The Lives of Asylum Seekers

Solace was set up to provide counselling and advocacy to asylum seekers and refugees. A growing body of evidence revealed that their mental health needs were not being met by mainstream services, partly because of language barriers, but also because many health professionals felt ill-equipped to deal with the multiple traumas that many asylum seekers and refugees were suffering from. These findings were supported by research commissioned by Solace.

One of the traumas facing asylum seekers that is rarely recognised is the way they are treated in Britain, not only by the media and by many of the people who live around them, but above all, by officialdom, as a result of government policies.

A standard letter from the Borders and Immigration Agency (a Home Office agency) to an asylum seeker begins with the greeting ‘You are liable to be detained’, a threat that is carried out even when no crime has been committed. Like dangerous criminals, however, asylum seekers, including women with young children, are all too often raided in the middle of the night by the Police and sent to a detention centre without warning. Several of our female clients have experienced this treatment in the past year.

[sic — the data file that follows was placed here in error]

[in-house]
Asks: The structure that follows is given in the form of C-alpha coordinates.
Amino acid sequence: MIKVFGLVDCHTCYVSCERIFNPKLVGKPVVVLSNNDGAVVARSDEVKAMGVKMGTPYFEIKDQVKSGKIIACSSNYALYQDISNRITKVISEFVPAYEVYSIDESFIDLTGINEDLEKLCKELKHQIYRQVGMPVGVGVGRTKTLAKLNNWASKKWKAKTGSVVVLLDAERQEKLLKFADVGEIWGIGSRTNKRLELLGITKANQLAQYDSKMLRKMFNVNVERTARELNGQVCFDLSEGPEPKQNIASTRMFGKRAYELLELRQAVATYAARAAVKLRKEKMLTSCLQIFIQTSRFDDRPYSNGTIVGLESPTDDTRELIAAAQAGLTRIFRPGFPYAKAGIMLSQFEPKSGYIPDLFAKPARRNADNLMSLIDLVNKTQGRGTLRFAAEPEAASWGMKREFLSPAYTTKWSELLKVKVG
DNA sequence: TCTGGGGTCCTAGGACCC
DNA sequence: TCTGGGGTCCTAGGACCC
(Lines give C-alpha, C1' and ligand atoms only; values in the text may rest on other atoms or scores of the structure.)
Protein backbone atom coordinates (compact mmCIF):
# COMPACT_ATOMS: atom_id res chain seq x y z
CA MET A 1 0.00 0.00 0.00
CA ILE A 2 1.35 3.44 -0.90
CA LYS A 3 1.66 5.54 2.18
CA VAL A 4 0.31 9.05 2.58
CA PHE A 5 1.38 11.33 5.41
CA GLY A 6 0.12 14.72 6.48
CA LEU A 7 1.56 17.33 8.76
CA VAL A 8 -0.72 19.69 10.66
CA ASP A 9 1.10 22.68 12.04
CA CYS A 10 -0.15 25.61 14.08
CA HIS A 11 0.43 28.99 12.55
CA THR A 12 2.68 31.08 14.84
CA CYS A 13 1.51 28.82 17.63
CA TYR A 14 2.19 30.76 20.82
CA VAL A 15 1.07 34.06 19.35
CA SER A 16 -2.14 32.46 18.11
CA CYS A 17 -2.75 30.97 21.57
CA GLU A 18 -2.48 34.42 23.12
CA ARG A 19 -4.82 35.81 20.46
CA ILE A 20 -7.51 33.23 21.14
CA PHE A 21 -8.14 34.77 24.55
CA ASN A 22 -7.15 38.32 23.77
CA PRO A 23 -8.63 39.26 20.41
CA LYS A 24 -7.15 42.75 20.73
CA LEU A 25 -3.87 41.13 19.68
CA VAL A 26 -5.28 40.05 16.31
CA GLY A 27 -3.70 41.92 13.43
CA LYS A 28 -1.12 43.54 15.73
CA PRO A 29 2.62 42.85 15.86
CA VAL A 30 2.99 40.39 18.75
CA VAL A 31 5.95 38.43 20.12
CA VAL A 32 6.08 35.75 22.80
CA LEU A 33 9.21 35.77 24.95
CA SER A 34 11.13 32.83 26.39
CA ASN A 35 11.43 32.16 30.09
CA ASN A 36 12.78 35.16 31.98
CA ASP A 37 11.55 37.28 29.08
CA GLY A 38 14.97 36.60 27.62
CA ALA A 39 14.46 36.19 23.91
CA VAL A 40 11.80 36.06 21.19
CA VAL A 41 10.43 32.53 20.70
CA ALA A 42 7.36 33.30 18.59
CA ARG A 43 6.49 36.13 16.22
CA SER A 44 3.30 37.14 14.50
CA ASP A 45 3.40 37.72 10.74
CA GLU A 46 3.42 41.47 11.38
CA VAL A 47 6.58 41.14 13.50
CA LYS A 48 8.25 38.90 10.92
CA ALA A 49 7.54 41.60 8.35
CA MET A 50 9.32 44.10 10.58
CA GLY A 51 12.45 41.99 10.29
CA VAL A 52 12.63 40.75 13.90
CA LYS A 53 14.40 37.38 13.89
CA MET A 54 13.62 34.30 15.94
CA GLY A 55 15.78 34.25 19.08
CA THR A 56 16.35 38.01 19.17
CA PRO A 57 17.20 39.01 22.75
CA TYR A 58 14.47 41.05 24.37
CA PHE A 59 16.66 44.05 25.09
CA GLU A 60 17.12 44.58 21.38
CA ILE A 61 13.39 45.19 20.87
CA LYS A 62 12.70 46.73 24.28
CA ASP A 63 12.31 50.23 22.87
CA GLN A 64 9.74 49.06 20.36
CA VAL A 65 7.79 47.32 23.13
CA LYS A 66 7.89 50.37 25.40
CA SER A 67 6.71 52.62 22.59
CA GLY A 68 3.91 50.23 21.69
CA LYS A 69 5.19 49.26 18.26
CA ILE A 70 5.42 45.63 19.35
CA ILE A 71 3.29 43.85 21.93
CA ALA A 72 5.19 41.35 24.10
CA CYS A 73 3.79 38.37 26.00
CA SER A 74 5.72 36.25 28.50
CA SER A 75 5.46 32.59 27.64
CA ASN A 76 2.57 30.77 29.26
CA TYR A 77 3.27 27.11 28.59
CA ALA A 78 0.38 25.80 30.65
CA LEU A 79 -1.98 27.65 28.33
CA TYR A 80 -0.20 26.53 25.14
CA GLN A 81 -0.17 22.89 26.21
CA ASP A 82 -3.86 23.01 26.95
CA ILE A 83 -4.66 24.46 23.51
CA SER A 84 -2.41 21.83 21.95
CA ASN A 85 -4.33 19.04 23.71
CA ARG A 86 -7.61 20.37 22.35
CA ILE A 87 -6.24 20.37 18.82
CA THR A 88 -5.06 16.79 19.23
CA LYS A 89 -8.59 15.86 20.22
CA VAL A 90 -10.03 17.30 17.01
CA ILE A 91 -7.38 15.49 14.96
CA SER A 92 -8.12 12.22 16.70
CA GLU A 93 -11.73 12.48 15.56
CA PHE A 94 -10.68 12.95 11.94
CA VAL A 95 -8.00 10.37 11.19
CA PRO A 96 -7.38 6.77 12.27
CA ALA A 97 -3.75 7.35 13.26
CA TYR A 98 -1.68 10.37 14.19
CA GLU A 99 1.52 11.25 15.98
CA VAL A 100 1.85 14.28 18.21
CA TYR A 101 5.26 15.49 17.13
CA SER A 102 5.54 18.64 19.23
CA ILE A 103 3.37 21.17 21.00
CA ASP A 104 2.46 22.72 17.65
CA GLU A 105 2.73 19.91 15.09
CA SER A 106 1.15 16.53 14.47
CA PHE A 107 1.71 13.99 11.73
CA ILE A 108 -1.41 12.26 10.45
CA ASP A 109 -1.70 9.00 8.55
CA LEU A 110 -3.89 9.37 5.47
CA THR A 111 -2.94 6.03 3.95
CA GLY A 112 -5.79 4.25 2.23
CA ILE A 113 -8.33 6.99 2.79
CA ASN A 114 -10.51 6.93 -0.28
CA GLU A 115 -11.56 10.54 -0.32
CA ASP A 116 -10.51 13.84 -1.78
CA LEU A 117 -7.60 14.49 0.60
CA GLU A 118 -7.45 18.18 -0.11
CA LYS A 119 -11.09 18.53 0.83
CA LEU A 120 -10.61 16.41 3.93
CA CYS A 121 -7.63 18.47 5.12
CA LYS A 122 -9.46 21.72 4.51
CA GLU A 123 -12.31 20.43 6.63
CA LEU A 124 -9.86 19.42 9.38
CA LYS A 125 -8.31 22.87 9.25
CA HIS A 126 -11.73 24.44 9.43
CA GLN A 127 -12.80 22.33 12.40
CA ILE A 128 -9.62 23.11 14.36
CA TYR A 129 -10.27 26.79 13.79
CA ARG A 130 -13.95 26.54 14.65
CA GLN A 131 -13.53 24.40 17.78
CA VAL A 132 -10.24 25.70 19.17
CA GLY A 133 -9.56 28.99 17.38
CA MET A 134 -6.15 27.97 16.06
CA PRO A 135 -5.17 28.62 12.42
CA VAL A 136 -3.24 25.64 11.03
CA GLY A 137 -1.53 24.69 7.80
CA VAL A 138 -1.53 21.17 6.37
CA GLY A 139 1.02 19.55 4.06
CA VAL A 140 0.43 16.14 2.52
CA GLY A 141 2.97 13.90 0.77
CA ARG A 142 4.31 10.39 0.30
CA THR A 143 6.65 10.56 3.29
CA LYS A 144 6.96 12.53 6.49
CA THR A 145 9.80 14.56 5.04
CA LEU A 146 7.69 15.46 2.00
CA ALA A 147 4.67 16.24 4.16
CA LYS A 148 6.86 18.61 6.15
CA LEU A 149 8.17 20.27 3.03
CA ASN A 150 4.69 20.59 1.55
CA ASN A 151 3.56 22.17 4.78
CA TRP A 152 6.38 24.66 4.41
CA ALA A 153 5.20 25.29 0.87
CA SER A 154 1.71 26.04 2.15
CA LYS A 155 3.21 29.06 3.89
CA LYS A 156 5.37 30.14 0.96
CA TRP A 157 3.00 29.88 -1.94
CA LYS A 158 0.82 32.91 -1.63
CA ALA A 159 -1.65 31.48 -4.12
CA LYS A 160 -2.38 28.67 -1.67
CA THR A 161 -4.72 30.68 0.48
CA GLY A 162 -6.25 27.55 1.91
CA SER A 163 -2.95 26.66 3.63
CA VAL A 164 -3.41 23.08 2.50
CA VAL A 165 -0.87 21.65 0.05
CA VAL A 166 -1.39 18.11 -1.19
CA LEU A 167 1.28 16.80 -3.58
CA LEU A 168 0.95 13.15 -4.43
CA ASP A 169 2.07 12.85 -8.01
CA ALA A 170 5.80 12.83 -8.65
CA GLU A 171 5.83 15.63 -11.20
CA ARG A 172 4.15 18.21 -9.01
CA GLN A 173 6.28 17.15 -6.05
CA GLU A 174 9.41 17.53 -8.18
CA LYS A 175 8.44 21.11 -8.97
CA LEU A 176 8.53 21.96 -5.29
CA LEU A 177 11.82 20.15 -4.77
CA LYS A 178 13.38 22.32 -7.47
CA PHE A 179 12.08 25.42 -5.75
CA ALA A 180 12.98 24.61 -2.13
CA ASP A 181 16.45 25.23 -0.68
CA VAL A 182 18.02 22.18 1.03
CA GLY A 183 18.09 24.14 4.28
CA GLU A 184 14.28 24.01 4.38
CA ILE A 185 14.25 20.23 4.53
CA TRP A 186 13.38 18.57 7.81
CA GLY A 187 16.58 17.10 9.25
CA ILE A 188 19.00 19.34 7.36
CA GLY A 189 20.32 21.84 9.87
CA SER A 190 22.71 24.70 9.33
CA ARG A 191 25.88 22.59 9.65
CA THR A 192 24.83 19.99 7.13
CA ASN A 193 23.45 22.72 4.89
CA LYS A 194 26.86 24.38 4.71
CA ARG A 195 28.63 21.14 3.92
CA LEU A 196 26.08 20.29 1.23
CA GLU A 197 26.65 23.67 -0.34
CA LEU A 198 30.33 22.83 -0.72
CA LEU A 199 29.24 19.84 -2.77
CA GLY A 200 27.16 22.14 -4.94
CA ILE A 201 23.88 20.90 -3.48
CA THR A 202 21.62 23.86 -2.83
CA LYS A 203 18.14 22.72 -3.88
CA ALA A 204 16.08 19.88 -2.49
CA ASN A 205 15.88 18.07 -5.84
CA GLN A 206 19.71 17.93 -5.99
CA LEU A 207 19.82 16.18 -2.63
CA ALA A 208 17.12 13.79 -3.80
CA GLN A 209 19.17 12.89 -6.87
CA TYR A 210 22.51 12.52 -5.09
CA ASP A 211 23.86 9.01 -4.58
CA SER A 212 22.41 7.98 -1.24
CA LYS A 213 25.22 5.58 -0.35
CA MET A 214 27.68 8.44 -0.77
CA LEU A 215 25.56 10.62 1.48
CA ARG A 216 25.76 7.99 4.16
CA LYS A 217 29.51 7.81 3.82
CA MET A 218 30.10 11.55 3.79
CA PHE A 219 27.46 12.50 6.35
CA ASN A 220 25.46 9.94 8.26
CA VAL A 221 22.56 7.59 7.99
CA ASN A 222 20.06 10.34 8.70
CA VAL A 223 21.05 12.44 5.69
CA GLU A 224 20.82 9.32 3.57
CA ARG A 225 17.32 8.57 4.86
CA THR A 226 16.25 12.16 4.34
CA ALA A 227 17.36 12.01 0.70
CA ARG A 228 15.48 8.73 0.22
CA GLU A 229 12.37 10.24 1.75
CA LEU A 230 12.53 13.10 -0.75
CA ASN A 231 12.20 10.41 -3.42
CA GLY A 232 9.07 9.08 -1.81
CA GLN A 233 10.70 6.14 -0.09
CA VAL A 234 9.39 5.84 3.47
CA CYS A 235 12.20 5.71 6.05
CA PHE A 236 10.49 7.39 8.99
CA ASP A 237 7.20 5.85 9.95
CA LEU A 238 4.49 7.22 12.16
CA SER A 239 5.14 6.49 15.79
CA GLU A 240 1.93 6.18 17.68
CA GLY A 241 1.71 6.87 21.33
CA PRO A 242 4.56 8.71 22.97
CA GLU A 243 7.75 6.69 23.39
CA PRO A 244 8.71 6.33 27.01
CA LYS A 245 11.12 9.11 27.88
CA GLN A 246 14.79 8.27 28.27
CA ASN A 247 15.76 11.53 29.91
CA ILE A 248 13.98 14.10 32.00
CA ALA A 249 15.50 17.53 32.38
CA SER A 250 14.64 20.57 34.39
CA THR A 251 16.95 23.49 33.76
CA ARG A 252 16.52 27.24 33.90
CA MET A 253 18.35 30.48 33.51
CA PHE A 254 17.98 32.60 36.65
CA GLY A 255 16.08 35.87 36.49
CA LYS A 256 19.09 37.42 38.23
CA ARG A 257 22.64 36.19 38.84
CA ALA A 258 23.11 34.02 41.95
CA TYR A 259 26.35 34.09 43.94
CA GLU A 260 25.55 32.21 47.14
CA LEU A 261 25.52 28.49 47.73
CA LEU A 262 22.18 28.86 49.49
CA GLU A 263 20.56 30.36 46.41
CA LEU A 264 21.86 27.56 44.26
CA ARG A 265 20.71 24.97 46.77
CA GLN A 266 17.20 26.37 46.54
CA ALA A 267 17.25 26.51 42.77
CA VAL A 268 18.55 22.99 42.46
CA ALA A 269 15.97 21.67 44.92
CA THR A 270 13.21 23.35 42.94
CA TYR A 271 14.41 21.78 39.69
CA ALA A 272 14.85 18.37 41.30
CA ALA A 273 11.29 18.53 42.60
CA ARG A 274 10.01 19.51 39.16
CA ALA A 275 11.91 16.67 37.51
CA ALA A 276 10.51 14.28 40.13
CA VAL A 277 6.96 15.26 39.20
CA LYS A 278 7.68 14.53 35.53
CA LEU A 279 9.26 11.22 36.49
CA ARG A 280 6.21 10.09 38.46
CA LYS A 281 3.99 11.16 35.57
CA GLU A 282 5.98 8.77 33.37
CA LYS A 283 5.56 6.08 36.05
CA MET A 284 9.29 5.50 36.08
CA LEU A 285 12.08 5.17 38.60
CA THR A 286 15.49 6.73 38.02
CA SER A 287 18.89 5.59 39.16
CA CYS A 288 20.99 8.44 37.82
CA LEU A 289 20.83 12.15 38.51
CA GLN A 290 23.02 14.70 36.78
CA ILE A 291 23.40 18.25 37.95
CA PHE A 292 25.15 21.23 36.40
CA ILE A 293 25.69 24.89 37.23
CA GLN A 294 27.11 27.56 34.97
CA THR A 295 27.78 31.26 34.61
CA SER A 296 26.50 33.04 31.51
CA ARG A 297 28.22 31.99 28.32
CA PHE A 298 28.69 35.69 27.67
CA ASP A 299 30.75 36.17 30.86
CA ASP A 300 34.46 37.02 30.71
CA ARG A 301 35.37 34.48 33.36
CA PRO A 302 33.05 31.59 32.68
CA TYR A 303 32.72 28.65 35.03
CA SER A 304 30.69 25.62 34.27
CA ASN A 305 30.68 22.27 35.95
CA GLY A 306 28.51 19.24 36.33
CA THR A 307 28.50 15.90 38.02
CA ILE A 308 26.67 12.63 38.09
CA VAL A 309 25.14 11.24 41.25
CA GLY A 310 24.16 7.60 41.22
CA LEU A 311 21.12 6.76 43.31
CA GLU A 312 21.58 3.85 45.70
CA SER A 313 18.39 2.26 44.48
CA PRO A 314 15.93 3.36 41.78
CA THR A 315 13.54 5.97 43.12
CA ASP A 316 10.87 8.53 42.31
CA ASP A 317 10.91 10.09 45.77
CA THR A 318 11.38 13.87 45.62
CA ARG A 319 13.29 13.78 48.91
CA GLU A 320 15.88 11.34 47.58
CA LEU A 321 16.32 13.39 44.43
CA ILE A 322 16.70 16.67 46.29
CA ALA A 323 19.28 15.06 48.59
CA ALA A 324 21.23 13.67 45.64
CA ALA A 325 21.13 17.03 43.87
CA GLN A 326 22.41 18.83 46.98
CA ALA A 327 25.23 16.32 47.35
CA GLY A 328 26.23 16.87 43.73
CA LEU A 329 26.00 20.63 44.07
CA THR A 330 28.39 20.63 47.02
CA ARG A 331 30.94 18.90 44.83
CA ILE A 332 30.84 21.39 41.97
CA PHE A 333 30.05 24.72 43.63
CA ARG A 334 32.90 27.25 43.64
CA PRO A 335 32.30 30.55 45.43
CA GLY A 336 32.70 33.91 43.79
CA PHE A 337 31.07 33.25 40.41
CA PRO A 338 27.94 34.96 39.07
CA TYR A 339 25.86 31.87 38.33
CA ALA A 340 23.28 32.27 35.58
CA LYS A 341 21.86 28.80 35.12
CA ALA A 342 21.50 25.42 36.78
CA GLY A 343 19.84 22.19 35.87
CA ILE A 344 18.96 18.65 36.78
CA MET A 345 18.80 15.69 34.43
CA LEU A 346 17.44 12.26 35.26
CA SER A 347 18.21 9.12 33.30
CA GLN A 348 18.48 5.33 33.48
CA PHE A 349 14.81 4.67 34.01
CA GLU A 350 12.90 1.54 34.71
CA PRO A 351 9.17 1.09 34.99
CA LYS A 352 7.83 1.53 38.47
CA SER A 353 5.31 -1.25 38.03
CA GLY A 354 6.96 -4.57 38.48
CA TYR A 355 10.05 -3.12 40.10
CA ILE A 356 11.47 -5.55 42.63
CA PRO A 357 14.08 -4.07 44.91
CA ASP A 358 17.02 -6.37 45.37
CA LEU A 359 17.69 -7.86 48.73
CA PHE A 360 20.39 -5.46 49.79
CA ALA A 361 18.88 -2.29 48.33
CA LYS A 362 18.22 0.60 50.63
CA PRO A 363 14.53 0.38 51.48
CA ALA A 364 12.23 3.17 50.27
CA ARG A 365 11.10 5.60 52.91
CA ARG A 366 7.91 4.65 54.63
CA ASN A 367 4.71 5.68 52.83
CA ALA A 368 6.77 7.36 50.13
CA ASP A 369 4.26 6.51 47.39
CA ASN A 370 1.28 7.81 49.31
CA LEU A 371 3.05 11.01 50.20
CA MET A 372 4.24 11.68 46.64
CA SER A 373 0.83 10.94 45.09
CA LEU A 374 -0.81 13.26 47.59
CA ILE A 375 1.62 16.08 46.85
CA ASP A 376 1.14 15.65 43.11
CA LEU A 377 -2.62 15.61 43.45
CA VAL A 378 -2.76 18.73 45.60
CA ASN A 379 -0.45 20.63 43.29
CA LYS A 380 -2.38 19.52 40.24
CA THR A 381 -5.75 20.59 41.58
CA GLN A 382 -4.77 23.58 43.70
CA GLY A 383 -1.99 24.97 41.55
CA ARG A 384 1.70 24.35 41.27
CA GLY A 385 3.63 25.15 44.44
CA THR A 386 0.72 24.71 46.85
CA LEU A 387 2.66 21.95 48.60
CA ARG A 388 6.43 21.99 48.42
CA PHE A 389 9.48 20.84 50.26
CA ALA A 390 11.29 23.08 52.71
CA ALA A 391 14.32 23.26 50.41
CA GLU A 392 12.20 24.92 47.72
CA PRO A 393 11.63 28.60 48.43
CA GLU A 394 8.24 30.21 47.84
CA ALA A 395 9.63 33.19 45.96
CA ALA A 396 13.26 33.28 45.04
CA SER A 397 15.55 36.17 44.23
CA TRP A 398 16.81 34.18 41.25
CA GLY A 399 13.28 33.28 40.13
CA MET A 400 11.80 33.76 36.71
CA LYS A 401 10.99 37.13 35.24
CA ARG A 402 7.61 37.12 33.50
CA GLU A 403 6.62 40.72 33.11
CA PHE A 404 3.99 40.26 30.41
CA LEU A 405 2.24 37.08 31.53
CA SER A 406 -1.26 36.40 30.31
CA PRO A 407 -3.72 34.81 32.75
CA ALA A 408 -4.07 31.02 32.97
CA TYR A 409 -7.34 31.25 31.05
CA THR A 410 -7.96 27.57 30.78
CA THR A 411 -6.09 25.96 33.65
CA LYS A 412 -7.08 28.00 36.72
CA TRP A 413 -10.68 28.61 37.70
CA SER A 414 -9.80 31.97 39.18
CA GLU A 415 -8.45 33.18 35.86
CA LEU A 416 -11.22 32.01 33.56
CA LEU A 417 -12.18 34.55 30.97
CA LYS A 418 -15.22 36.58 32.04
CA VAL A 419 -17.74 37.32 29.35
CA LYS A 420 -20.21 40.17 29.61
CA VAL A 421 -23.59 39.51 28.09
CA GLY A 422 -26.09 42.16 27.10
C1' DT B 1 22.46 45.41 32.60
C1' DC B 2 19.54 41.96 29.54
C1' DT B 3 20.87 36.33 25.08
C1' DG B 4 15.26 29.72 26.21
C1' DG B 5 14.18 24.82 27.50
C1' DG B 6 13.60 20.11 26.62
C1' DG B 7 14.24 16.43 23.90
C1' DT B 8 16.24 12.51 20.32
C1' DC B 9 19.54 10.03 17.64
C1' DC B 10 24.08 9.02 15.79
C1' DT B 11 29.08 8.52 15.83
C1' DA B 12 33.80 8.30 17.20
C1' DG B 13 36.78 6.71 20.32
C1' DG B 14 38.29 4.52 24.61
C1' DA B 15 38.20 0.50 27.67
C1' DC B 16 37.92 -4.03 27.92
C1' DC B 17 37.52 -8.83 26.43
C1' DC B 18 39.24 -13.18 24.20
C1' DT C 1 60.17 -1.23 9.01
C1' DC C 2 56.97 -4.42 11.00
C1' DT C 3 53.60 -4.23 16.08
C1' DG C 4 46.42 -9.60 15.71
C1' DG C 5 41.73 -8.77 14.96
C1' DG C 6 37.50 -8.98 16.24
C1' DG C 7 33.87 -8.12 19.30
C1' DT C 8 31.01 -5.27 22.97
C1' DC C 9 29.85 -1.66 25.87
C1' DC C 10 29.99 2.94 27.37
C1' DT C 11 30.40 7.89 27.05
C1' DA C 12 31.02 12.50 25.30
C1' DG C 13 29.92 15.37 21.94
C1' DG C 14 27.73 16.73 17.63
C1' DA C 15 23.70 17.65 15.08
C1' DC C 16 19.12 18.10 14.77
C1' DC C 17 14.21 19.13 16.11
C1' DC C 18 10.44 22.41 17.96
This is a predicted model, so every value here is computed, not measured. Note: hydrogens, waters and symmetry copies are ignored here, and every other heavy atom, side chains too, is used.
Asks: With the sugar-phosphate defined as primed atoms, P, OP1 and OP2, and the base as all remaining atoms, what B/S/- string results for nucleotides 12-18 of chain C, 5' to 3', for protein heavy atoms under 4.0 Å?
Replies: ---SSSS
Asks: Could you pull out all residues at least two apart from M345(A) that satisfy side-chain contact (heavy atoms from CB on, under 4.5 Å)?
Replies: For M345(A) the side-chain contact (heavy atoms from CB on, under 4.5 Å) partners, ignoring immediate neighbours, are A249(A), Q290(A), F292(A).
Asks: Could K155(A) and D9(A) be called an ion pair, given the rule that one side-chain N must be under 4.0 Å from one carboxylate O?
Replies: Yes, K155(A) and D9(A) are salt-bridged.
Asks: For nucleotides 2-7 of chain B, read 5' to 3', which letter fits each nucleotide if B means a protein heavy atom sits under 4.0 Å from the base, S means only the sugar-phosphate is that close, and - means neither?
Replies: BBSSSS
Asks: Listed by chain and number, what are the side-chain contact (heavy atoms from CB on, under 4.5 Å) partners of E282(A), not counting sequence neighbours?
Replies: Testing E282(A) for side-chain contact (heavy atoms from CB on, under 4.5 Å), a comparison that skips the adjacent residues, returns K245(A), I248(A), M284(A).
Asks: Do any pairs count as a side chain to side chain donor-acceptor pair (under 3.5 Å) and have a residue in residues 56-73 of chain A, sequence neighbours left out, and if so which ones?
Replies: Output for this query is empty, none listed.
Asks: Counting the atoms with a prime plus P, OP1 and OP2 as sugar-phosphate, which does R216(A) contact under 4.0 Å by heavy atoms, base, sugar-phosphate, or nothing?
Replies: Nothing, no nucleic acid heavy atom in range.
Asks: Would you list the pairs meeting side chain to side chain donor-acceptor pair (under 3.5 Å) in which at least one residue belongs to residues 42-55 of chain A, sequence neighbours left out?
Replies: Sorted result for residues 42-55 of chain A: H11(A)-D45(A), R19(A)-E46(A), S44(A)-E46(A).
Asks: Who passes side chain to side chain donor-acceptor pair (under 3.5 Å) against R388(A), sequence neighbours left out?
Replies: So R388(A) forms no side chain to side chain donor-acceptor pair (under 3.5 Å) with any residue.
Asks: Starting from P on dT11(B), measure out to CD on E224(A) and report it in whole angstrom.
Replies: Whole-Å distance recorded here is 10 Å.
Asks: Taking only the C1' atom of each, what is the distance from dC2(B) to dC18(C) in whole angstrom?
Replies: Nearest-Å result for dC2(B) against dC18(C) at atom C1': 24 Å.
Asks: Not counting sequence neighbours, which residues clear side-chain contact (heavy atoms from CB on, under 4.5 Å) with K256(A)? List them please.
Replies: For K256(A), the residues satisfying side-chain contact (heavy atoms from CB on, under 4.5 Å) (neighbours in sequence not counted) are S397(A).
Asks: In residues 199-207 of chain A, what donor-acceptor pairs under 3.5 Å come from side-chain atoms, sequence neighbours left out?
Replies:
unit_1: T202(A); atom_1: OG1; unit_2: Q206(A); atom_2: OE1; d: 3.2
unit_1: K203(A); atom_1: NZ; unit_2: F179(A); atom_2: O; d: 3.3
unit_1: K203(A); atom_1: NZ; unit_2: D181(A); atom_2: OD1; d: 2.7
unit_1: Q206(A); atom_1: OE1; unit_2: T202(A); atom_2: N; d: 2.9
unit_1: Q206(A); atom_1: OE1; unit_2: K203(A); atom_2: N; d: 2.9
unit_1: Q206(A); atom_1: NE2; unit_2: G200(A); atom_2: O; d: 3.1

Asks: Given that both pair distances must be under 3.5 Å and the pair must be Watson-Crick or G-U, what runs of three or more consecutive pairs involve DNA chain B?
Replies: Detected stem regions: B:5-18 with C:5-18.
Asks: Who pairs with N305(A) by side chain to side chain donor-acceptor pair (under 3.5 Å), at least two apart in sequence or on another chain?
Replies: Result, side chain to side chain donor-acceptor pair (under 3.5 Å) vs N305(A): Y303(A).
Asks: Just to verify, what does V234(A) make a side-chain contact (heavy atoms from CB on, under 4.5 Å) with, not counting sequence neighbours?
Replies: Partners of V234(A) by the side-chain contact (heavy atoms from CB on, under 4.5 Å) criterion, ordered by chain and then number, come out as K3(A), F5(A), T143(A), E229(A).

The failed asylum seeker’s ‘crime’ is that the authorities do not believe them when they say they have been persecuted, or, to use the jargon of the courts, their ‘evidence is not credible’. For many asylum seekers, it is very hard or impossible to prove that they have been persecuted, especially when, as one client told us, he had to leave his country in a hurry, after government soldiers had tried to kill him.

Our experience of working with asylum seekers at Solace is that the inhospitable treatment they frequently receive here in Britain often exacerbates any mental health problems that they may already have. The vast majority of our clients have felt or continue to feel suicidal. Whilst many of them have benefited enormously from the service we offer, which makes their lives a little more tolerable, progress is all too often reversed by the heavy hand of officialdom as a result of punitive government policies.